Wednesday, November 7, 2012

MARYLAND MAKES HISTORY/TAKE YOUR CAMPAIGN SIGNS DOWN

Barack Obama Speaks After long, bitter, painful campaign season, it's time to take a deep breath and get on with our lives. As a gay person of color, last night meant a lot to me, and I'm both relieved and excited about the direction our state and our country is moving in.

I couldn't be happier with the results: last night, Maryland made history and became one of the first states in the nation where voters approved same-sex marriage at the polls. We gave our hard-working, undocumented youth the right to an affordable public education. We also re-elected President Barack Obama, pictured here as a fresh-faced senator in 2006 when I saw him speak in College Park to a crowd of maybe 50 people.

Of course, voters also approved a horrifically gerrymandered congressional map that inexplicably places Silver Spring, Annapolis and Towson in the same district, but we can fix that nonsense in due time. Besides, voters in Damascus, the last dry town in Montgomery County, finally approved alcohol sales there 78 years after Prohibition ended. (No word yet on whether Jimmie Cone, "the closest you could get to having a local pub" in Damascus, will get a liquor license.)

You can check out the full election results, including congressional & school board races, at the Washington Post's website or the Maryland Board of Elections' website.

Now that the election's over, here comes the important part: TAKE YOUR CAMPAIGN SIGNS DOWN. Don't let your enthusiasm over winning (or bitterness over losing) get the best of you.

The same goes for campaigns who littered our streets and highways with signs. According to this handy guide, political signs on private or public property in Montgomery County must be removed after 30 days. Meanwhile, signs next to state roads must be removed within 15 days of an election. Signs in the right-of-way of state roads - for instance, between the sidewalk and the curb or in the median - are prohibited entirely, and the State Highway Administration has already been throwing them out.

These laws aren't strictly enforced, but following them keeps our streets clean and allows all of us to forget that this long, unpleasant campaign ever happened. So please, get rid of your signs. I've already done my part, picking up some signs I found near my house.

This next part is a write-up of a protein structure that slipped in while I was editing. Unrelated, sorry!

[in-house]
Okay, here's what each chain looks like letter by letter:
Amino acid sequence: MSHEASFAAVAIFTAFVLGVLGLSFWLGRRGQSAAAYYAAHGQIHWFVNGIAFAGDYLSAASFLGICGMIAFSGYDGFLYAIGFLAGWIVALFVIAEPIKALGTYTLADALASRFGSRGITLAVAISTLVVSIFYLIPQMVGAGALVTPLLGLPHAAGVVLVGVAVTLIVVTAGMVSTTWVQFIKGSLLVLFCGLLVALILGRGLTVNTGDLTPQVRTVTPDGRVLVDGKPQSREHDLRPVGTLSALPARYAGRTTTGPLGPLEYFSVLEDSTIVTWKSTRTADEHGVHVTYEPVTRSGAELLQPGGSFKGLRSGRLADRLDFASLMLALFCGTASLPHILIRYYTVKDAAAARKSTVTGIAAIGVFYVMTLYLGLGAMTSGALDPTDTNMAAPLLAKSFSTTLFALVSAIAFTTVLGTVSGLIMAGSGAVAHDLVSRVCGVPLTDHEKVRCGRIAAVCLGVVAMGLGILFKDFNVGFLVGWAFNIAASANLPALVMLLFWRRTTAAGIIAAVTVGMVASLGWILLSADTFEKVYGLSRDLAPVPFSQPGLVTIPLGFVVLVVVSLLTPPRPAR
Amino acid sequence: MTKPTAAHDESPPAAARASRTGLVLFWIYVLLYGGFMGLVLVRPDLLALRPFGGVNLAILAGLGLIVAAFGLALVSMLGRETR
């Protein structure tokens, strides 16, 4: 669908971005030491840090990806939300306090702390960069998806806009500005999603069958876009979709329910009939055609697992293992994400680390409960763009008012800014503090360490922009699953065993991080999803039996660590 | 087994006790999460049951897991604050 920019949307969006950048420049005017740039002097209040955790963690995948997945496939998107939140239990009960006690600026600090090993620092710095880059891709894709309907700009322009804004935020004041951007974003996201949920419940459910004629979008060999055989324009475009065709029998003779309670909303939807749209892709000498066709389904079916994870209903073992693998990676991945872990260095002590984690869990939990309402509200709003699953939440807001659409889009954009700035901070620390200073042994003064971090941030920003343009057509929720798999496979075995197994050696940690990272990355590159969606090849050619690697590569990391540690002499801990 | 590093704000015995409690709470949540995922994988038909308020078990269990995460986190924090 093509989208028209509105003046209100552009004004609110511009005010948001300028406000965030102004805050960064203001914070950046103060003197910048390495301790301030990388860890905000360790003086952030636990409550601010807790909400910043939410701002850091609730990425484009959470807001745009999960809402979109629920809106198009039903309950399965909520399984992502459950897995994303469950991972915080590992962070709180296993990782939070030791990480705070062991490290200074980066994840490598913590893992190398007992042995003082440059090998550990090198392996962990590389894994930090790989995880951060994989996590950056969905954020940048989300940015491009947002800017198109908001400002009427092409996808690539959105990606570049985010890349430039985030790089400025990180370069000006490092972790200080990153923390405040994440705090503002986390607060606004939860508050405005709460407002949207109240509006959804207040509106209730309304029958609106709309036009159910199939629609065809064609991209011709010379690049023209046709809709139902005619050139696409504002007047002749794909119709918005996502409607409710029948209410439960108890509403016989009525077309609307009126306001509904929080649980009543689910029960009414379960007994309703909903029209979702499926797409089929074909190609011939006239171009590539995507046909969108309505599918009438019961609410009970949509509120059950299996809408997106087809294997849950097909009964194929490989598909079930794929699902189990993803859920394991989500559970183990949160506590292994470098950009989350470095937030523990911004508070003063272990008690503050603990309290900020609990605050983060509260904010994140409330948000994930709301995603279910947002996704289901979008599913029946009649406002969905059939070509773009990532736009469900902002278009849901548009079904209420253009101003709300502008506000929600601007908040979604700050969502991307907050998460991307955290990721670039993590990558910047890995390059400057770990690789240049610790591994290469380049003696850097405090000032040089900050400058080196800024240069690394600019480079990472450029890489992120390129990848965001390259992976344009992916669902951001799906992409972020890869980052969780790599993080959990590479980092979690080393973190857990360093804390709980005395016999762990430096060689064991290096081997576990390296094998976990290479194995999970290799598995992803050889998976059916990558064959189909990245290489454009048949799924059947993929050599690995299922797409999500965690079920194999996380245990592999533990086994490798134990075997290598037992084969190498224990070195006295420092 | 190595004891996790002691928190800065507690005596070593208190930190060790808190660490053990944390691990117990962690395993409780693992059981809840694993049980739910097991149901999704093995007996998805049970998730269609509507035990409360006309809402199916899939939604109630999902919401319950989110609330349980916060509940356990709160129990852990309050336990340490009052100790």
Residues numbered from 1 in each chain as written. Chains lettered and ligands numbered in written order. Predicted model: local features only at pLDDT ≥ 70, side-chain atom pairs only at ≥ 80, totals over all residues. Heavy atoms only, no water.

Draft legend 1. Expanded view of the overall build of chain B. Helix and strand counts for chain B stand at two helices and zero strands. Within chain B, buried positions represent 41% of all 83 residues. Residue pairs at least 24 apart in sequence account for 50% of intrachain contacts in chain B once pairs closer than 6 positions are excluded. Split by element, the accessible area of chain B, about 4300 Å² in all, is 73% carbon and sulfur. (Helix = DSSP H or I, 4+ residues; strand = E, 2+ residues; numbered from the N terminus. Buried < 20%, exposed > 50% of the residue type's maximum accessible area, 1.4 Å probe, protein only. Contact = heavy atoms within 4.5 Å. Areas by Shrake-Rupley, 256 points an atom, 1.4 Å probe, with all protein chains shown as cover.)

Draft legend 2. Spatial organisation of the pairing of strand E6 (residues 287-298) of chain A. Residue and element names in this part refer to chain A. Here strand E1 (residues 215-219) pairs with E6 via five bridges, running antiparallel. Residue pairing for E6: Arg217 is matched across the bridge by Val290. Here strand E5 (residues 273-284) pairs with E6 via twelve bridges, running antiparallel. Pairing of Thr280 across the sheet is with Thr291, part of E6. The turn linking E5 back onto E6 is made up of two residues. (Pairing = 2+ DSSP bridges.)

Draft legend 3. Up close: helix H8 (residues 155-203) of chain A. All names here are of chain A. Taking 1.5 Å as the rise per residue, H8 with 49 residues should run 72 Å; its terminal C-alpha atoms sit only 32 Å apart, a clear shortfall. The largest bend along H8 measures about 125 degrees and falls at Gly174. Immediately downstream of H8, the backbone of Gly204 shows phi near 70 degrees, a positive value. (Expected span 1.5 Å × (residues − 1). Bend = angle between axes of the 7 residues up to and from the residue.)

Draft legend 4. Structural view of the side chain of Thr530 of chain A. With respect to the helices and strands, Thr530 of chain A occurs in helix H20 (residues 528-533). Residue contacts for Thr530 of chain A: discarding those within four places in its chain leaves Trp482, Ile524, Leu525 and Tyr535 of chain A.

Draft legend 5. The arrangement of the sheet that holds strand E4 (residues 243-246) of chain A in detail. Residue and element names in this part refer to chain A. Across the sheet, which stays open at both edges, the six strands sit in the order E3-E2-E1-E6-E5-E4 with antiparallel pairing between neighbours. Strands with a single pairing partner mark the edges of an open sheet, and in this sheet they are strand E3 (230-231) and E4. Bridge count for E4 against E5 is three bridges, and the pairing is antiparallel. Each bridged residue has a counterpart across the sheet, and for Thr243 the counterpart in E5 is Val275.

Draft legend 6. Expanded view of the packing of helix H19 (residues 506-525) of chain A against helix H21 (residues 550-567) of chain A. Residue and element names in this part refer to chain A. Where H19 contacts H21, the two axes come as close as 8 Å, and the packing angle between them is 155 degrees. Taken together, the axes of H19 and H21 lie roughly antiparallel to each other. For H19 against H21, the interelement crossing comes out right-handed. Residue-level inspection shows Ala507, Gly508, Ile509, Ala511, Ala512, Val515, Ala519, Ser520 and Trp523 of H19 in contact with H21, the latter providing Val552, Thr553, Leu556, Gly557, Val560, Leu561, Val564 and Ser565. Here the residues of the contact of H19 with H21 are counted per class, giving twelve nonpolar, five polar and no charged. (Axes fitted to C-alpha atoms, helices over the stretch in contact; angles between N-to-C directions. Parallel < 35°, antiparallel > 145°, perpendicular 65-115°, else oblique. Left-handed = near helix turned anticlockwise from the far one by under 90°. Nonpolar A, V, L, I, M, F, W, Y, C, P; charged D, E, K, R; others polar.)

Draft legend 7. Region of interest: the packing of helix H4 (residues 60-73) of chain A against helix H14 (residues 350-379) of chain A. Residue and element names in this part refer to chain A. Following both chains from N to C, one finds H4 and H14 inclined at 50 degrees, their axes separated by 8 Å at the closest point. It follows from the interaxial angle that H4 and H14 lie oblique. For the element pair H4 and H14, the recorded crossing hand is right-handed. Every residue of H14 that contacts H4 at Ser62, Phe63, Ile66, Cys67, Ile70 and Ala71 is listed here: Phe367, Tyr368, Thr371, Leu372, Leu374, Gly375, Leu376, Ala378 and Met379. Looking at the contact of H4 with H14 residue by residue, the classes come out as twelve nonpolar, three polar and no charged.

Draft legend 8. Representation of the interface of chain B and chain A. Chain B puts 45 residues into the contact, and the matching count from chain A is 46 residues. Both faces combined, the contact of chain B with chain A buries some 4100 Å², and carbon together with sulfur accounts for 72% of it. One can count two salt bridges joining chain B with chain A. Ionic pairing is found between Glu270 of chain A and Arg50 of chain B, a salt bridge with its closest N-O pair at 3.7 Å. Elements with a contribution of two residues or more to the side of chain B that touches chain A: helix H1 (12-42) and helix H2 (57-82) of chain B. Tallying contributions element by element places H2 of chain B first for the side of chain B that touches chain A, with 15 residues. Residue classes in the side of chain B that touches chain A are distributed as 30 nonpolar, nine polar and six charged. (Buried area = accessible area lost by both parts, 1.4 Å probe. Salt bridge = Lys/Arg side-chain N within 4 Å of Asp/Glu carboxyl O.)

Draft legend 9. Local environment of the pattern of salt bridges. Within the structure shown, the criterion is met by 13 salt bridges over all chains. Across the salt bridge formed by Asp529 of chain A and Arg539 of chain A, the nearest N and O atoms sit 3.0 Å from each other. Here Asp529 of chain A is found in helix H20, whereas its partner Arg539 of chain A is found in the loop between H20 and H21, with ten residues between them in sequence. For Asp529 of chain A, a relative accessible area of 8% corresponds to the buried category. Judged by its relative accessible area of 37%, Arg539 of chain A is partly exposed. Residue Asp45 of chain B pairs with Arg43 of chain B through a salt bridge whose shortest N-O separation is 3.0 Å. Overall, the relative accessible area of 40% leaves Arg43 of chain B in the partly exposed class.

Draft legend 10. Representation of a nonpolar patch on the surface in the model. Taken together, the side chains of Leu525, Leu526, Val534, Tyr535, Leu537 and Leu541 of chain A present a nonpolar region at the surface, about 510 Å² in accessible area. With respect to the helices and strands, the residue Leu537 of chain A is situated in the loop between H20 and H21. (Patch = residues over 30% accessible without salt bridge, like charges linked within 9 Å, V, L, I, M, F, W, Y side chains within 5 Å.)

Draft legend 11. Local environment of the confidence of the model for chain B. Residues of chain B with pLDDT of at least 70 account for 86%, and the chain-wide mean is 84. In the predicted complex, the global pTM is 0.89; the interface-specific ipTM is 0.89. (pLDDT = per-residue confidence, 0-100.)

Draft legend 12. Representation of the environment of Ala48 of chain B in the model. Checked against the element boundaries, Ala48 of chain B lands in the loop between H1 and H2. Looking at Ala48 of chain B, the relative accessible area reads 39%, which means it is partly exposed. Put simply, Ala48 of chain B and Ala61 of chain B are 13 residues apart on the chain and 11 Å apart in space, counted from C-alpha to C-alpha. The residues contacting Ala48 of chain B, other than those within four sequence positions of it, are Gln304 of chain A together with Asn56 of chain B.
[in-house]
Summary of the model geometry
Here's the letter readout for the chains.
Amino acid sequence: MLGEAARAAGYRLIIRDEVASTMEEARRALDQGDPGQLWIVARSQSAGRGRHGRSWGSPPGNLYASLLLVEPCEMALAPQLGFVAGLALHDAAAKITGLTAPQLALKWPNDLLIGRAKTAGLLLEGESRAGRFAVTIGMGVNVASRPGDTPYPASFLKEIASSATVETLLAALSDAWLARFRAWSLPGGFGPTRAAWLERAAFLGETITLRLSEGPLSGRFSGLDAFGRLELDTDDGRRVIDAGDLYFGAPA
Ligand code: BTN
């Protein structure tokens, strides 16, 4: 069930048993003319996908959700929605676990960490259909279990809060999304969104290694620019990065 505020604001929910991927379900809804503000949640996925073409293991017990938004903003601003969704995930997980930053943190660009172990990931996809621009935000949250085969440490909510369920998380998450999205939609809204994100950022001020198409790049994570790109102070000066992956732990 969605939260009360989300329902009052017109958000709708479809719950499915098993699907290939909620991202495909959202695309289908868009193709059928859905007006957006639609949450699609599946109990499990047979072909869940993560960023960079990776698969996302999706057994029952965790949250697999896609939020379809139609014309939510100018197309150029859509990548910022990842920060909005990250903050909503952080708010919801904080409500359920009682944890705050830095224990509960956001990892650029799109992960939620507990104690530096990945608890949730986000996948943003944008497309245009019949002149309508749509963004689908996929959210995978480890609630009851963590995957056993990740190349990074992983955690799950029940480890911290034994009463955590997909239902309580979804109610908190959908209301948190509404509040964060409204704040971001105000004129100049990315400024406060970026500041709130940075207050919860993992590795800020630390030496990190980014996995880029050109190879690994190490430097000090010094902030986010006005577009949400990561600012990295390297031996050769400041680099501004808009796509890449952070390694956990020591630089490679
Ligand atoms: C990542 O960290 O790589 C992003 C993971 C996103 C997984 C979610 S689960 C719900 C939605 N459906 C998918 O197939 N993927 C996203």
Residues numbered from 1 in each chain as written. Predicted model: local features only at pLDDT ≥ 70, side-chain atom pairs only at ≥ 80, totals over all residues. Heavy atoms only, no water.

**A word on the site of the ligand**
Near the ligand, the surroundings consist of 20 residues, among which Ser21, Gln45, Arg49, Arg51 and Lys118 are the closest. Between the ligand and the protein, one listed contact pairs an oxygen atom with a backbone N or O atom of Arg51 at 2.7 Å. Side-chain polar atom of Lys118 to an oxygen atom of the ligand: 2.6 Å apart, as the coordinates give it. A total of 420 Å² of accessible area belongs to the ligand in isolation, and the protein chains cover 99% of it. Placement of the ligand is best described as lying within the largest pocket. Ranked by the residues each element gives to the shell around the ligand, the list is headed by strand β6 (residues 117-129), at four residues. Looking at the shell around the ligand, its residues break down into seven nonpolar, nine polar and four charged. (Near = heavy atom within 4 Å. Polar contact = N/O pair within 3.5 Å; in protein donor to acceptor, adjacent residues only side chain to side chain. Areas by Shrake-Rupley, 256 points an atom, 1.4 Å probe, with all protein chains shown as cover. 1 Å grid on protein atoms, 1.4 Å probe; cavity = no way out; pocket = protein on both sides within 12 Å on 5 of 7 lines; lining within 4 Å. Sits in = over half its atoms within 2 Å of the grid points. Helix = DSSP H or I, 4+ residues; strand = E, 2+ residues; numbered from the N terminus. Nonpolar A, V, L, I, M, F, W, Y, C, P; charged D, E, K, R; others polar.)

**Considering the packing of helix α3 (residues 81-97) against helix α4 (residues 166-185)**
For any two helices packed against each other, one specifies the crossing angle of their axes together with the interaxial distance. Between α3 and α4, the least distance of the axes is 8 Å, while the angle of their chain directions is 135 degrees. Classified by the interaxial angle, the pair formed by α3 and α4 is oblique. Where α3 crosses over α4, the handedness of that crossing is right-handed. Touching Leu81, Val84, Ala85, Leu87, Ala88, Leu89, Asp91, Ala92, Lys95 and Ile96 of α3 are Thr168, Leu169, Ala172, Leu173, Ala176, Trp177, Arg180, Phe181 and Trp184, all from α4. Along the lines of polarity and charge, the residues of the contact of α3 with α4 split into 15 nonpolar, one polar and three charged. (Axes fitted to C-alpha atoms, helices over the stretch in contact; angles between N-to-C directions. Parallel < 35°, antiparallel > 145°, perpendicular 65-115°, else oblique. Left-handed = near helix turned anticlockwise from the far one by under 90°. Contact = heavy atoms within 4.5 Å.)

I'm particularly pleased that they're anti-marriage equality signs in Spanish. Groups like National Organization for Marriage thought they could drive blacks, Latinos and gays apart, and they failed. It goes to show that divisive politics just don't work.

That is, unless you're the Peterson Companies (the folks who brought you Downtown Silver Spring), who funded an organization that opposed both marriage equality and the Dream Act so they could get a casino at National Harbor. Peterson will get his casino, but thankfully he couldn't manage to through Maryland's gays and immigrants under the bus to do it.

7 comments:

Gary said...

I hate the gerrymander (and voted against it) but getting rid of Roscoe Bartlett goes a long way in making me feel better.

jag2923 said...

Great night, indeed!

Robert said...

You are right about the horrible Gerrymander, but your statement that "Of course, voters also approved a horrifically gerrymandered congressional map that inexplicably places Silver Spring, Annapolis and Towson in the same district...." is only partly correct. Much of Silver Spring is in Van Hollen's district.

dan reed! said...

@Robert

Way to nitpick! My house in Silver Spring was moved from District 4 to District 3, which also includes Annapolis and Towson.

D said...

The Petersen thing is a bit weird. There was also a group called "Forward Maryland" that wore shirts looking like they were from the Obama campaign, but just with the word "Forward" and asked people to vote yes on all 7 questions, but it was clearly a pro-7 organization trying to make it seem like they were all on the Democratic ticket. http://www.marylandjuice.com/2012/11/new-democratic-aligned-group-urges-vote.html

I wonder if the same group of people created one organization to make 7 seem like it is a widely accepted Democratic position (paired with pro 4-6) and another to make it seem like 7 is a widely accept Republican position (paired with anti 4-6).

Stuart said...

If the redistricting question had shown a picture of the map and asked more directly "does this make sense?", then it might have gone a different way.

Unknown said...

woody brosnan wrote,

About the signs. The cardboard signs can just be added to your newspaper recycling. The plastic signs can be recycled with your other plastic bags at grocery stores. The corrugated plastic signs can't be recycled.

Unfortunately, the county won't take the wire stands with your regular recycling. You can take the to the transfer station. Or keep the stands for your next yard sale or as plant supports.